I could be wrong.

    • Yup, Kirk pretty much nails it. Especially desirable was the fully automatic capability to give the German Fallschirmjäger more firepower after hitting the ground.

      Overall the description actually reads very much like the role description of an assault rifle, which was the concurrent independent development of the Heer. A bit ironically the yugoslavian paras deployed the MP43/44/Stgw.44 for quite some time after the war until the yugo-AKs were put into service.

  5. Well, it was planned and executed as a paratrooper-rifle. First and foremost. An elite rifle for an elite troop.

    They certainly included the scope as an option so that it could be used LIKE a marksman-rifle. (Which became an issue later when they needed much more such rifles.)

    And, sure, you can also do “sniper-work” with a marksman-rifle. But I very much doubt that it was ever intended that way. And it certainly wasn’t great in that role either.

      • The Dugelby/Stevens book has what claims to be a translation of LC6. Basically it says make an FG42 – a dimension and weight-limited 7.92×57 select fire weapon. It’s brief; it includes silly things like “be free of stoppages”. It includes an optical sight requirement without saying whether it was intended for general, marksman, or sniper use. The absence implies general use.

        It is put in the context of Hitler, post-Crete, deciding against para-only operations. Instead the paras would be the first and pointiest bit of the spear, but rapidly reinforced/replaced by regular infantry. Which is why they wanted something droppable on the person that had range and firepower, to keep them effective until the regular forces turned up, recognising that ammo would be the key issue and would run out quickly.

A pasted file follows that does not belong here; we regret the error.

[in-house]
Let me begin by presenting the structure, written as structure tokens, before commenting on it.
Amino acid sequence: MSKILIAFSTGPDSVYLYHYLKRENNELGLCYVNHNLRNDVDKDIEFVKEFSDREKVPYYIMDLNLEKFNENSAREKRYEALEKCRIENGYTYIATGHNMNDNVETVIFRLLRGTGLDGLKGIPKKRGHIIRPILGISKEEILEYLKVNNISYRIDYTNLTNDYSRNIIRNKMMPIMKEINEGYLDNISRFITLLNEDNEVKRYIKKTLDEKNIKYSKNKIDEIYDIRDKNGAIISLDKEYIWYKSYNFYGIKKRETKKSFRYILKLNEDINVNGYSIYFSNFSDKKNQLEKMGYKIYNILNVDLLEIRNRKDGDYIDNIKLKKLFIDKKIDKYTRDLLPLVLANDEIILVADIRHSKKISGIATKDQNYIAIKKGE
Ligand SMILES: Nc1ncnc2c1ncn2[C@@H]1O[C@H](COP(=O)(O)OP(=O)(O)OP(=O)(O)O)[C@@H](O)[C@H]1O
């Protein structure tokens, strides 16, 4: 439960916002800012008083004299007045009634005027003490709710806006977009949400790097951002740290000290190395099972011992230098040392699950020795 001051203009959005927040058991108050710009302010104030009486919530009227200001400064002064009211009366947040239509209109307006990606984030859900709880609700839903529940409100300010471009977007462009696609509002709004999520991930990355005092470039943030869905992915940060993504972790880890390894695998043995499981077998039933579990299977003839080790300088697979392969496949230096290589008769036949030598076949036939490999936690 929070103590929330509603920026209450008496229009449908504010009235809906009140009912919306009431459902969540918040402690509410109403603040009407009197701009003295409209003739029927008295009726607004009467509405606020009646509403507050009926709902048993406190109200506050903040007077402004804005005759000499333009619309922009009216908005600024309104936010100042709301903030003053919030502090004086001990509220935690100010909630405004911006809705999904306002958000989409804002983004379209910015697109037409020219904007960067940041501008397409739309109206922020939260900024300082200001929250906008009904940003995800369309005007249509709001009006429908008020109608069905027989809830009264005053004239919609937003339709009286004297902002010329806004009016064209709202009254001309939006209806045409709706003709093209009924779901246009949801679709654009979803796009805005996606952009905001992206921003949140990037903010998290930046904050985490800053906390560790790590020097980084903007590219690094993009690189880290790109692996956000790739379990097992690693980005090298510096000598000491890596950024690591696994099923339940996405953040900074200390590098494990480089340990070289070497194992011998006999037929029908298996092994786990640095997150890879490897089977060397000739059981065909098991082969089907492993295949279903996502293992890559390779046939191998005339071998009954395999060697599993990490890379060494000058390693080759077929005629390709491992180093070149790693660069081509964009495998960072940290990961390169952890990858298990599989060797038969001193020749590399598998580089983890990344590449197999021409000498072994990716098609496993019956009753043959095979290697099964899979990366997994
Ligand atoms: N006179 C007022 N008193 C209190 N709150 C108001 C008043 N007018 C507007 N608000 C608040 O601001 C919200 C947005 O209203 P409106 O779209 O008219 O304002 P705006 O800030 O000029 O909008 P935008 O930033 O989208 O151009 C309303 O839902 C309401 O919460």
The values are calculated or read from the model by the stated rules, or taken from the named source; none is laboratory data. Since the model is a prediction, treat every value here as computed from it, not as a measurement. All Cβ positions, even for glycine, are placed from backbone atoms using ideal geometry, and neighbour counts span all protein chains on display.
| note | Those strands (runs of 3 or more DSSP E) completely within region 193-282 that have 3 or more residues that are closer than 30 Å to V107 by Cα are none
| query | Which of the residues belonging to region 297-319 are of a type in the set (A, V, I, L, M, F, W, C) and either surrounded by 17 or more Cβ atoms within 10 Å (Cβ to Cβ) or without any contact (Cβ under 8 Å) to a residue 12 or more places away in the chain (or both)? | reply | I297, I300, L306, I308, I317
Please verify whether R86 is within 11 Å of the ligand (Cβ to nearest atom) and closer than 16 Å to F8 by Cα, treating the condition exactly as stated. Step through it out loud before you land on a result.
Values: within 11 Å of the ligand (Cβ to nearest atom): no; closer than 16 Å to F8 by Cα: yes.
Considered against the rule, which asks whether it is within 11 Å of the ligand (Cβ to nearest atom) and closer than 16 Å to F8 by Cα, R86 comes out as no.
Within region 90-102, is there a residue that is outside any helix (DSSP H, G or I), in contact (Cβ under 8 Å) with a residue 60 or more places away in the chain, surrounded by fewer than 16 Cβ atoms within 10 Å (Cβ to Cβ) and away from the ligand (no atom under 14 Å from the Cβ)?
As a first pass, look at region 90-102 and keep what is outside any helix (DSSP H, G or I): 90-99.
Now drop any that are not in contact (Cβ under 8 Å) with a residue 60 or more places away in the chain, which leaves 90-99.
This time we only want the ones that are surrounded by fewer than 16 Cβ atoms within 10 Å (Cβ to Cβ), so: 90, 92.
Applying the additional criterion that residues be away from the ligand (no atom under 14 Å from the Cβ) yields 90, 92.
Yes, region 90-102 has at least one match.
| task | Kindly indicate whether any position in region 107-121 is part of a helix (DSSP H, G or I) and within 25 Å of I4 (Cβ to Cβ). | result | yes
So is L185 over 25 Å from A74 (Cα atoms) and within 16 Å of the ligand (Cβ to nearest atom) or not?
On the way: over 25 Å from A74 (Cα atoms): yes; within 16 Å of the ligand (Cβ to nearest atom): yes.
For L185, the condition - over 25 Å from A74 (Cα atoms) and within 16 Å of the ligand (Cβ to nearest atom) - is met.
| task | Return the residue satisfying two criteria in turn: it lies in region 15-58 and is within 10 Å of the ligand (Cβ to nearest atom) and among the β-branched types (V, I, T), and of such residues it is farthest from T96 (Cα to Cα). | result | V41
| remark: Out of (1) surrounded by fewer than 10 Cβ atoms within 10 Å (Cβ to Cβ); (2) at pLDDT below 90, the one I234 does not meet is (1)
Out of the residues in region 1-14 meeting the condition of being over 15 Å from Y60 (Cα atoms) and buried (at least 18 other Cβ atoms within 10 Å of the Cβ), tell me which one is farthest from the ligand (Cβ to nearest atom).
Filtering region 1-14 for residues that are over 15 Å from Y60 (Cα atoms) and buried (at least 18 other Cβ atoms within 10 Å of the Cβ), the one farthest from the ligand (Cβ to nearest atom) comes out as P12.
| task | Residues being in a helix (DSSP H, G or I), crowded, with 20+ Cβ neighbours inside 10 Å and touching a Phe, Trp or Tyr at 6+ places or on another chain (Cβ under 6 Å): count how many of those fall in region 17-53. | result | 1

Hence my previous question on whether they had a plan for how to fight at the most basic tactical levels, in those, I guess, 24-48 hrs, when mostly armed with FGs.

        Of course, that never happened. But if they didn’t have a concept of how to use a section armed entirely with FGs, then this is a rare example of inventing and adopting a weapon not to fit a defined tactical concept, but because of what it was not (SMG, Sturmgewehr, K98, LMG) and then presumably inventing the tactics once it was available.

  6. The FG-42 was tested in Aberdeen Proving Ground, in the spring of 1946.
    The accuracy test showed 6.34″ with an iron sight and 5.79″ with a optic at 100 yards. In a circle containing 10 out of 10 shots.
    The shooting was carried out with cartridges from the remnants of the Chinese order, of a rather dubious quality.

    For comparison, under the same conditions, the acceptance accuracy for M1 Garand was 5″ and for M14 was 5.5″ at 100 yards is quite a good result.

    • I was in a DCM affiliated rifle club in the 1960’s, using issued Garands. Mostly standard issue, but we had a couple of National Match versions. The ammo was mostly M-2 ball from the early 1950’s. You just explained it was difficult to hit the 5 ring, and the V ring was exceptional. I finally went with a 1903 Springfield set up with aperture sights, and handloads. My scores went way up.

    • Installed base issue, really. They’d started out with a parachute from the WWI balloonist corps, and the initial jumps were done from aircraft with internal wells, which required you go out face-first and without much gear. Once on that path, getting off of it would have required re-training, and entirely new equipment. Limited resources meant… They were stuck with it the way we’re all stuck with QWERTY.

      Or, so my memory tells me. There’s a book out there, or a study discussing this issue, but I’ll be damned if I can find it.

      • They may not have had an aircraft with a door big enough. Easier to drop stuff separately than to redesign and make airplanes.

  7. It is believed that this design of the parachute was chosen for a number of reasons.
    First. Such a simple (and therefore cheap), uncontrollable, the parachute opens up faster, therefore it allows a drop to be carried out from a lower altitude.
    Second. Such a parachute has a minimal area, which reduces the time a paratrooper spends in the air.
    Third. The inability to choose the landing site does not allow the paratroopers to scatter arbitrarily from the point of release, out of unwillingness to get into the water or onto a tree. And that means being too far from the cargo package.